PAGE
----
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Northwest Arctic stakeholders gather to discuss local energy solutions

Jillian RogersThe Arctic Sounder
The Northwest Arctic's Regional Energy Plan calls for a 75 percent of energy to come from "regionally-available energy sources" by 2030.
NASA's "Earth at Night" video

One of hardest aspects of living in the Northwest Arctic is the cost of living. And more specifically, the astronomical cost of heating fuel and gasoline.

The Regional Energy Steering Committee met in Kotzebue on Friday to discuss solutions in the works and future projects, including utilizing more wind, solar and biomass energy, as well as potential alternatives to expensive fuel transportation into the villages. The draft version of the Regional Energy Plan was released for 2013-2018 and offers a long list of current and future projects. The plan states a goal for the region of being 75 percent reliant on regionally-available energy sources by the year 2030, with a 25 percent decrease of imported fossil fuels by 2015.

The steering committee is made up of stakeholders in Northwest Arctic energy, including fuel providers, representatives from various electric companies, and representatives from the villages in the region. The group was formed with financial support from NANA Regional Corporation around 2008 when the price of crude oil spiked. Since then, the group has been studying and implementing cost-cutting solutions with the goal of making life for the residents of the region more sustainable.

The borough continues to get money from the Alaska Energy Authority to maintain the committee.

“We’re all challenged by the same thing,” said Fred Smith, the borough’s director of economic development, of rising fuel costs.

And by collaborating with the communities on a myriad of projects and possible solutions, there is relief in sight.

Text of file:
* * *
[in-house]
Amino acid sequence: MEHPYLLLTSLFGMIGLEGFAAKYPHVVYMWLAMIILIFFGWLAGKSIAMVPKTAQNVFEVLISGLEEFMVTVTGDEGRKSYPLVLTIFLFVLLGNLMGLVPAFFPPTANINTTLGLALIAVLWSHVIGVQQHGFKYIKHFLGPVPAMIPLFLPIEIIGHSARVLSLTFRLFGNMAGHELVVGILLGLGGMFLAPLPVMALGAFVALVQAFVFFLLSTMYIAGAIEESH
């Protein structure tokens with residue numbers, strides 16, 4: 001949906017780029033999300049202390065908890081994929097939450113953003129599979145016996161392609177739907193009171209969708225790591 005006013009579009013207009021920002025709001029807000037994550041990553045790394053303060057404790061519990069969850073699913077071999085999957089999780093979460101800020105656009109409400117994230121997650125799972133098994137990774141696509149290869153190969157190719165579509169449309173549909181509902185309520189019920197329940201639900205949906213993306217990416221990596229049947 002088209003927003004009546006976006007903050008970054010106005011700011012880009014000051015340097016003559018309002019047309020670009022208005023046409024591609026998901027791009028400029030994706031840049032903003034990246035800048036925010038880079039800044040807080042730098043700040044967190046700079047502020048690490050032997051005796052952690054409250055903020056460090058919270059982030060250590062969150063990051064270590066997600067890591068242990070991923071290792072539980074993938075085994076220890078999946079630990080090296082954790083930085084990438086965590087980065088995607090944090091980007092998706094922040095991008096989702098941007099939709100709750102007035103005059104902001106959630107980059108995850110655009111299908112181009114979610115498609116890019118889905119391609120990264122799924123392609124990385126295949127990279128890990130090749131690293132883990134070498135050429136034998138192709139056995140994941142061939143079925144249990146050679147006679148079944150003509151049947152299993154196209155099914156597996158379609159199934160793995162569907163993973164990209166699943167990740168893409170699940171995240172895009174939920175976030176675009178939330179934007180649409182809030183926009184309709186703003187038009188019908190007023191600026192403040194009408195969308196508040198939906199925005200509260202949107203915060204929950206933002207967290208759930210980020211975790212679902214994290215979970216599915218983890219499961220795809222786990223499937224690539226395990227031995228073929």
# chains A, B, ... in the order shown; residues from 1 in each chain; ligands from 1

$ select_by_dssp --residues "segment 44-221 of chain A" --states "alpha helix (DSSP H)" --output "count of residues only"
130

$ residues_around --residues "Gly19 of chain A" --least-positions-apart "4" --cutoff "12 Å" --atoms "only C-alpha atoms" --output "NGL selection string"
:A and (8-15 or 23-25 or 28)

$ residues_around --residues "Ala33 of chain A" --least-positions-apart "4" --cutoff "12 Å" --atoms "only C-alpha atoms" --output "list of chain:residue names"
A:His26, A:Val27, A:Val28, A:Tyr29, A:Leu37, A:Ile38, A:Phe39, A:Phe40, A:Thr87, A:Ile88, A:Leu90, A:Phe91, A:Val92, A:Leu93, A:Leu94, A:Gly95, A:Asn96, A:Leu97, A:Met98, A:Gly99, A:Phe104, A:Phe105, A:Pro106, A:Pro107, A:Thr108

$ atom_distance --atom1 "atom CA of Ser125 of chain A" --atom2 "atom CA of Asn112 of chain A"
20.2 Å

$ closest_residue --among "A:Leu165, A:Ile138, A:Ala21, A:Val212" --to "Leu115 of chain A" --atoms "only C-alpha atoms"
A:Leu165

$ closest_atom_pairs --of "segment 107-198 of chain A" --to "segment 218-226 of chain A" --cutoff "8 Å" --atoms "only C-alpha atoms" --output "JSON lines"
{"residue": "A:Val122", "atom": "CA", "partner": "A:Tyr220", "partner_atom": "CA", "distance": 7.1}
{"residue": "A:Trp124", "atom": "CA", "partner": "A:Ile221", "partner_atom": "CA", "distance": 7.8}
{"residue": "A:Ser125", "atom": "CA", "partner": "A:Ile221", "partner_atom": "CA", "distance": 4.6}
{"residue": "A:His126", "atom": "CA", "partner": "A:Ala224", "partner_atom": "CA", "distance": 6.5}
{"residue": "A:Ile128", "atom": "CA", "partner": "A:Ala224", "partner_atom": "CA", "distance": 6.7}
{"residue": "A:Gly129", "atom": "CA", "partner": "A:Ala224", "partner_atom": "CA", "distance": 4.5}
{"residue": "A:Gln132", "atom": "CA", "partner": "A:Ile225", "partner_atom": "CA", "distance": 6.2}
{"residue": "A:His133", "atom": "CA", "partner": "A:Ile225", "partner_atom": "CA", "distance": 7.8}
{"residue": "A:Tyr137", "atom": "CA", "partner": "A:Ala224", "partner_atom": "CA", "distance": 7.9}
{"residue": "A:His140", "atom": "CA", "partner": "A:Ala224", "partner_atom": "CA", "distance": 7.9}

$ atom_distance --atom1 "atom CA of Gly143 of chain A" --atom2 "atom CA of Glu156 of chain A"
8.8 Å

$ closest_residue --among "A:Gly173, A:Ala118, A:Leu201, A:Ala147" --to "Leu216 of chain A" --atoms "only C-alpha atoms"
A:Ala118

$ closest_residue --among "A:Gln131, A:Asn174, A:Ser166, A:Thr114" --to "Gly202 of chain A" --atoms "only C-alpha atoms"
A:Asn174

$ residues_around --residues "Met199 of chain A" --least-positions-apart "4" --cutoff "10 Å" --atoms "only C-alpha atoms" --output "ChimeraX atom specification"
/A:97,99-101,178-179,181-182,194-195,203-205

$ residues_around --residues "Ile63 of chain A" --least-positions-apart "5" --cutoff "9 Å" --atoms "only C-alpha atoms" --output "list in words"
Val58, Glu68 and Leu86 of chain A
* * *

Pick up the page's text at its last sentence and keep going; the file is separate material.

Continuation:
The list of on-going and “identified” projects is a long one, but Smith spoke optimistically about the changes.

Sharing energy resources between communities is at the top of the list. A portion of the wind energy collected from the turbines in Kotzebue could potentially be used to help offset the higher costs in some of the villages, he said.

And for those communities with suitable conditions, using smaller wind farms to help absorb the burden of expensive diesel generators in communities like Deering, Buckland and Noorvik. Construction of this $10.8 million project is slated to begin the summer with the three villages expected to generate 20 percent of their energy needs as a result.

Solar arrays are already up and running in Shungnak, Ambler, Noorvik and Noatak with the rest of the villages slated to be connected to the sun within the next year.

The solar panels are connected to the water and sewer buildings to reduce the cost of operating those public facilities. Smith noted that while the Midnight Sun provides a lot of juice in the summer, most of the biggest returns are collected in March, April and May when the sun is reflecting off the snow.

These and the dozens of other potential money-saving projects take a lot of investment to get started. Finding that capital investment is always a challenge, as is the geographical makeup of the region, Smith said.

Partnering up with Teck-Alaska, the company responsible for bringing up bulk fuel to supply the Red Dog Mine, is another possible method to lower landed and retail fuel costs, Smith said.

“Teck (already) brings in 19 million gallons a year of fuel,” he said. “It makes a lot of sense for us to be part of an annual cooperative.”

In the future, the Cape Blossom Road and the proposed deep-water port would also help cut fuel costs by alleviating some of the expense associated with handling and transferring from barge to barge.

“We could theoretically bring in a big barge ... placing less demand on marine vessels,” Smith said. “There is so much equipment involved with just moving fuel into Kotzebue and then moving it into the communities.”

Working closely with the villages in the region also means identifying each community’s individual energy needs and assets.

For example, if the villages on the Upper Kobuk don’t produce sufficient wind, it might make more sense for the residents to power in part with biomass. And using large, dual-burner boilers to heat homes and water is one possible solution.

“What we’ve done is broken up the regional energy plan by community and sub-region so we can identify the opportunities by region and community.”

Sending larger loads of fuel overland to, and storing it in, Noatak instead of flying in smaller batches is on the list of potential money-saving options. And if it’s successful, it might be an option for other villages as well.

“Fuel is not cheap, and I think the retail price is a good reflection of that,” Smith said. “We need to lower the costs sooner rather than later.”

This story first appeared in The Arctic Sounder and is republished here with permission.